On March 31st, someone drove up in broad daylight and shot to death rapper and songwriter, Nipsey Hussle, in front of his clothing store in Los Angeles, California. His loss is an unmitigated tragedy for his family, friends and all of us who love great music and crusading artists who use their good fortune to bless others. Nipsey was lionized in his beloved community of South LA.
In the wake of his death, Nipsey’s friends and fans have taken to social media to share their grief and declare their love and respect for him. As often happens, people use hashtags to signal their shared sense of community with others. In this case, some of the popular hashtags are #RIPNip, #Nip, #LongLiveNip.
Before it was Nipsey Hussle’s nickname, “nip” sprang to life as a racial slur wielded against Japanese people, and because of our laziness in differentiating between the people who descend from the 18 countries of East Asia, the slur extends by default to all of them. And now, it’s all over social media in reference to a slain hero. I can only imagine if someone was killed who had the nickname “nig”, “kraut”, “coon” or “kike”. The internet would plead for folks to use the person’s whole name because of the words’ heavy past. It should be no different this time.
“Nips are just vermin to be exterminated”General George Kenney, Commander of the Allied Air Forces in the Southwest Pacific, WWII
The first step in destroying a people is to strip them of their humanity. Word are an excellent starting place. Don’t call them “Japanese” or “Nipponese” (Japan was once known as Nippon), call them “Japs” or “Nips”. Make up coy put-downs like, “there’s a nip in the air” to describe people and not weather events. After that, a United States Army Air Forces General (George Kenney) who was the Commander of the Allied Air Forces in the Southwest Pacific Area during World War II can make a statement like, “”Nips are just vermin to be exterminated.” And a Seattle Star editorial on December 14, 1944 can be titled, “It’s Time to Do Some Thinking On Nips’ Return.” The editors took a dim view of allowing Japanese-Americans returning from internment camps to re-enter the society they were wrenched from during the war.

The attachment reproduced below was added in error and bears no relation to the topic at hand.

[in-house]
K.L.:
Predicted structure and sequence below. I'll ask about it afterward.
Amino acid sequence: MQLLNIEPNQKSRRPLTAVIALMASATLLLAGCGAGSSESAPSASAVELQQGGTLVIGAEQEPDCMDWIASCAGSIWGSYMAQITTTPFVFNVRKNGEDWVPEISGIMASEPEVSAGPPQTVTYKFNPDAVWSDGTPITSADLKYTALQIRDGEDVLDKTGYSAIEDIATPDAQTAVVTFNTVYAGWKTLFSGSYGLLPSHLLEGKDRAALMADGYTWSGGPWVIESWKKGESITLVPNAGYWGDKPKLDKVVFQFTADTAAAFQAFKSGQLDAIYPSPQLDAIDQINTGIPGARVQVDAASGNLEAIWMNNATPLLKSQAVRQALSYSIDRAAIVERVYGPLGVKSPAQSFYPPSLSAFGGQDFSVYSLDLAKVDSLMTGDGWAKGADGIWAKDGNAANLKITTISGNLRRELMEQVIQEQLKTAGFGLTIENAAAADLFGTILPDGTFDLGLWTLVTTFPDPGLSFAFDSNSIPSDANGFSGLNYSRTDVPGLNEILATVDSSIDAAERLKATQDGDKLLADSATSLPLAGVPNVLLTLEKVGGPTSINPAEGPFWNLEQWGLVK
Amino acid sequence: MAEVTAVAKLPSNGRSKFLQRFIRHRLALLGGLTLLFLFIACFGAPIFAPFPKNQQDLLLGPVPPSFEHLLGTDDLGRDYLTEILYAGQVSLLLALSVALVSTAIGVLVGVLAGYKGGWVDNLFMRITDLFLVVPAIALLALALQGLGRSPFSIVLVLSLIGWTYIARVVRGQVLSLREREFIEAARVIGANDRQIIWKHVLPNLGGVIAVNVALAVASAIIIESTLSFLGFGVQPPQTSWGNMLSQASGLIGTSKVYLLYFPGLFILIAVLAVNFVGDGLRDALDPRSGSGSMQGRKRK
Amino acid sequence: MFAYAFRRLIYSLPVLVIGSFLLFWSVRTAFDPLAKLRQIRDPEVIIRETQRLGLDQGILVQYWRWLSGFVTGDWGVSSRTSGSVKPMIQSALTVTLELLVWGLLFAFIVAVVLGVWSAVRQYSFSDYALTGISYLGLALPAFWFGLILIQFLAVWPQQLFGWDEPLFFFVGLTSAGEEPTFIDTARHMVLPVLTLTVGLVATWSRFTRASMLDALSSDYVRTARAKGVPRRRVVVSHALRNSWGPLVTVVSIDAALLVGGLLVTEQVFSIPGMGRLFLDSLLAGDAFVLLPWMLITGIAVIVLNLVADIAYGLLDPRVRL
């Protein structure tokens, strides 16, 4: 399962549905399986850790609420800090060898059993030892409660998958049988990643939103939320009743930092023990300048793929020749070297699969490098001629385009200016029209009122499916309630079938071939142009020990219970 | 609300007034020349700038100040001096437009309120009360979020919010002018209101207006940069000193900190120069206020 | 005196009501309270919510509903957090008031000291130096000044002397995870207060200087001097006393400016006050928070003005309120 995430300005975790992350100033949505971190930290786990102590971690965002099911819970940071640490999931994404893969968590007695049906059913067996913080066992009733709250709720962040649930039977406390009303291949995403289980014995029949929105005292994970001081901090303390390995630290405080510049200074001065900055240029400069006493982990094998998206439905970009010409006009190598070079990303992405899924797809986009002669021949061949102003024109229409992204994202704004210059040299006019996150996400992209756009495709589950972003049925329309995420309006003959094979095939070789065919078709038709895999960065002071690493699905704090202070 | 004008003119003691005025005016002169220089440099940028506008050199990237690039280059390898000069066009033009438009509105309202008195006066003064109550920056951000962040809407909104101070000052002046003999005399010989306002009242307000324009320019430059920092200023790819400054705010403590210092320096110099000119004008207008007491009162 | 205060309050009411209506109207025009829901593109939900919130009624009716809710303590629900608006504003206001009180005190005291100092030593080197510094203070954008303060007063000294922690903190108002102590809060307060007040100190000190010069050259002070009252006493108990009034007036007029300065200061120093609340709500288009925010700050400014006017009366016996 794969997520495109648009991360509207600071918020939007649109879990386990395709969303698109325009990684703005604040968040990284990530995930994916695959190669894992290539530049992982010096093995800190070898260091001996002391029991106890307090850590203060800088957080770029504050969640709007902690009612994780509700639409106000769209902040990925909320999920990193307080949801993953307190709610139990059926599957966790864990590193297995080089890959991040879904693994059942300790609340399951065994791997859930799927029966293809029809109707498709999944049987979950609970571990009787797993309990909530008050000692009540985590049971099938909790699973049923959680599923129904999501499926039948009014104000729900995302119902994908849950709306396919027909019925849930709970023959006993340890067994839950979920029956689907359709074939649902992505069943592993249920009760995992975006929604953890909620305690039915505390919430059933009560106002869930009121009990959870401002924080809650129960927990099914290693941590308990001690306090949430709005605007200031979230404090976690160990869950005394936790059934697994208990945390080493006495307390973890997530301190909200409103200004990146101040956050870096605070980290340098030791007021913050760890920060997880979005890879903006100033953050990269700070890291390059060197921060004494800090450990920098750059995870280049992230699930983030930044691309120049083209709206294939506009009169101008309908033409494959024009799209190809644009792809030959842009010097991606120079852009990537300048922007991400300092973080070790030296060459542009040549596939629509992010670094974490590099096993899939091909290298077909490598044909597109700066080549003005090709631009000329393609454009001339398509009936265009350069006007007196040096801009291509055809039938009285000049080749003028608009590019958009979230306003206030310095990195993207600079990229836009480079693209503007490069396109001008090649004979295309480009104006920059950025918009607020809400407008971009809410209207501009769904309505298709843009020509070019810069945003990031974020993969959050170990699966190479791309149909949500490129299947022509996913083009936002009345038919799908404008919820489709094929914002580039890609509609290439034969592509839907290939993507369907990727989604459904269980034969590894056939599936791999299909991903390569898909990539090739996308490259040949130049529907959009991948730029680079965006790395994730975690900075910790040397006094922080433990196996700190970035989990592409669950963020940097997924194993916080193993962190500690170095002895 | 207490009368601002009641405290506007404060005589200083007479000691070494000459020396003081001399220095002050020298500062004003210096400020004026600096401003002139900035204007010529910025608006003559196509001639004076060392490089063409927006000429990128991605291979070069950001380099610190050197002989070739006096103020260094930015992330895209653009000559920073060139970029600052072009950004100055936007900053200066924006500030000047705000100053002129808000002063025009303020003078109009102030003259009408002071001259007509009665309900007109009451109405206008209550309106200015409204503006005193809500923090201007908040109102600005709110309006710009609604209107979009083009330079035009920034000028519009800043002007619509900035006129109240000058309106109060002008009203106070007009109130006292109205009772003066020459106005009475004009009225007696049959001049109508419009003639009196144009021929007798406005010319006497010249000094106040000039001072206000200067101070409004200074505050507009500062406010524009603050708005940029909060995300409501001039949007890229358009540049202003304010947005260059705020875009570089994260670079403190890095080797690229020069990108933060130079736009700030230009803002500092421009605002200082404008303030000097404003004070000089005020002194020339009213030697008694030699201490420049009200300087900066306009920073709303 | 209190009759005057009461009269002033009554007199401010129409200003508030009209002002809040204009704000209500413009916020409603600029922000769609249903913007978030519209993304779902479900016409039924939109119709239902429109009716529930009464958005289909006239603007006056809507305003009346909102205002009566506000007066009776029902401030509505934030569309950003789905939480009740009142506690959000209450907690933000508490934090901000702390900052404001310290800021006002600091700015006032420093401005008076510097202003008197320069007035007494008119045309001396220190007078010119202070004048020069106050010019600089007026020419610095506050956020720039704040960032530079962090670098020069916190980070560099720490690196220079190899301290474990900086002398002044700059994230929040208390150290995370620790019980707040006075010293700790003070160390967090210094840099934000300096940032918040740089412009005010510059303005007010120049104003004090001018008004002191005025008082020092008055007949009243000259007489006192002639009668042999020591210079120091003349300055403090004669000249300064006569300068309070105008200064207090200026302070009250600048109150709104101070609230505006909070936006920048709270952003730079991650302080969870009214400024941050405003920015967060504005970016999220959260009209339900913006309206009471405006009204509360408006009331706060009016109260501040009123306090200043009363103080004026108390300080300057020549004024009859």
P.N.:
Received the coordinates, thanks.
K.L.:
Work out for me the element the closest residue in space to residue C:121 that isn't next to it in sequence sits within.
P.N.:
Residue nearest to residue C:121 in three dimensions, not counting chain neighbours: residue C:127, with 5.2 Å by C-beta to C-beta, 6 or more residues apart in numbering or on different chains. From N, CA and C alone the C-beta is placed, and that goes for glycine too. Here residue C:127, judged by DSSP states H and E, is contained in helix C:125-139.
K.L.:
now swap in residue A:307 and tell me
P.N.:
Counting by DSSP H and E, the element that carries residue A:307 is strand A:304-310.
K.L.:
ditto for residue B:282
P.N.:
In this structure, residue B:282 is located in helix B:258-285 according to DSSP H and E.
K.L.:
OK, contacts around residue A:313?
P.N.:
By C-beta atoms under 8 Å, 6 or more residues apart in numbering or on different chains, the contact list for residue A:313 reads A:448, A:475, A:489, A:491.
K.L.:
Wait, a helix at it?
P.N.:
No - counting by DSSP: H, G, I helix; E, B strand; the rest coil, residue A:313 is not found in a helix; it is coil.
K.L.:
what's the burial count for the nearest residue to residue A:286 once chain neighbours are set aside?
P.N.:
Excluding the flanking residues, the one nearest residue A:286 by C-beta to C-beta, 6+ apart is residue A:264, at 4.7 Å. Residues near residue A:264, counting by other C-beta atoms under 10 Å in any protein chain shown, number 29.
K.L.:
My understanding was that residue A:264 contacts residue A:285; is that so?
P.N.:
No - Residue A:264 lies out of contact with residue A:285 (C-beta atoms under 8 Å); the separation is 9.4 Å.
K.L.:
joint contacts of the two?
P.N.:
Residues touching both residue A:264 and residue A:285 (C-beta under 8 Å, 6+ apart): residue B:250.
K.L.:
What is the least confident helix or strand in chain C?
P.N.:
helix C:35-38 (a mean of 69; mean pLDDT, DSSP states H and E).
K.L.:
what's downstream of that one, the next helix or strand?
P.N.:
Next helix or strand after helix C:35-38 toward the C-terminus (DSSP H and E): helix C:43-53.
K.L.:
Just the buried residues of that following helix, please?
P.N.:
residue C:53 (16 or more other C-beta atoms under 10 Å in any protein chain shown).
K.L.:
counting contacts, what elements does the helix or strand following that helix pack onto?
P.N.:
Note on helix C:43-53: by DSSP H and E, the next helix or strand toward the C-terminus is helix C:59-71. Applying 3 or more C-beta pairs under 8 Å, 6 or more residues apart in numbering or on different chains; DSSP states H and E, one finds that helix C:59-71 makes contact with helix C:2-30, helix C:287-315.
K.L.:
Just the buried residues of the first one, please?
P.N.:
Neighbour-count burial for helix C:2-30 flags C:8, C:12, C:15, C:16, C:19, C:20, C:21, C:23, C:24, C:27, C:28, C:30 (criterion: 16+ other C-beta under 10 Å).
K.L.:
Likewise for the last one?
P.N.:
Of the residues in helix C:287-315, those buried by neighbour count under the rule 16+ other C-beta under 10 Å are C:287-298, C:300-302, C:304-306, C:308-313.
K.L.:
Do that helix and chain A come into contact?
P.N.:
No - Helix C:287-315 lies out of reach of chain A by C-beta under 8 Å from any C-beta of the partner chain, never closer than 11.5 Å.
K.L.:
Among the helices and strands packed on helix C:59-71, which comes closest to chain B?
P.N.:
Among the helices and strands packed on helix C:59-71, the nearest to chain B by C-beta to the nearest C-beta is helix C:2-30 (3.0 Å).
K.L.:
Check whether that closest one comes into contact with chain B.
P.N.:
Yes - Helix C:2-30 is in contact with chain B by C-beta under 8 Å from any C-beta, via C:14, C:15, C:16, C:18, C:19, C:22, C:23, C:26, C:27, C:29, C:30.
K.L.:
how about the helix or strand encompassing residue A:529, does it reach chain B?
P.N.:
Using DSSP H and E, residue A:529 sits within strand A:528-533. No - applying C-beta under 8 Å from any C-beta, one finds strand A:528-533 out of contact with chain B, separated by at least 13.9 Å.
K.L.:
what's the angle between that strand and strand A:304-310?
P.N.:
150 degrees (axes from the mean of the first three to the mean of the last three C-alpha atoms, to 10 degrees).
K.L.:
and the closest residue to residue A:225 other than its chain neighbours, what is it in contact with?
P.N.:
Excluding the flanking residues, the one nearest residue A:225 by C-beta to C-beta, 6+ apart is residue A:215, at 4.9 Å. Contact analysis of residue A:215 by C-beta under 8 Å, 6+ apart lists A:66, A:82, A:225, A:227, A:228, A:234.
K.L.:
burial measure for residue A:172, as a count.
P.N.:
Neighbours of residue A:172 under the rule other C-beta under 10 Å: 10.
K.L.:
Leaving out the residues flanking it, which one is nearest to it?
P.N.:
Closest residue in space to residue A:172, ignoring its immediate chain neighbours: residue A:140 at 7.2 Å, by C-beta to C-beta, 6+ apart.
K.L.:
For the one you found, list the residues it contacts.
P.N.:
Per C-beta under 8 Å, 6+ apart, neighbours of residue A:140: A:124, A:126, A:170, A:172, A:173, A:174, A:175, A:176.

The word “nip” has not lost its sting for Asian-Americans today. My friend alerted me to the offensiveness of the hashtag when he saw it on social media. He wondered if people were ignorant or just didn’t care. I’m not going to post pictures of any posts here that use the offending hashtag because I don’t see a need in putting any particular author on blast. I truly believe that the people who have used this hashtag don’t realize that the word “nip” is a charged racial slur. Now that we do know, I believe we have to be energetic in seeking to do no harm; let’s use his whole name.
Books are available to help us make sense of the past and present. Farewell to Manzanar by Jeanne Wakatsuki Houston is a classic that is appropriate for middle grade children. Houston renders her personal account of life before and during internment tenderly, with a perspective that allows children to empathize with her family’s plight.
Looking Like the Enemy: My Story of Imprisonment in Japanese-American Internment Camps by Mary Matsuda Gruenewald is a book for adults from a woman recounting her traumatic experience in an internment camp as a teenager.
Only What We Could Carry: The Japanese American Internment Experience edited by Lawson Fusao Inada is an anthology written in the first person by people who experienced internment camps. They share their art, recollections and deepest feelings with readers so that we might understand the depth of the harm suffered.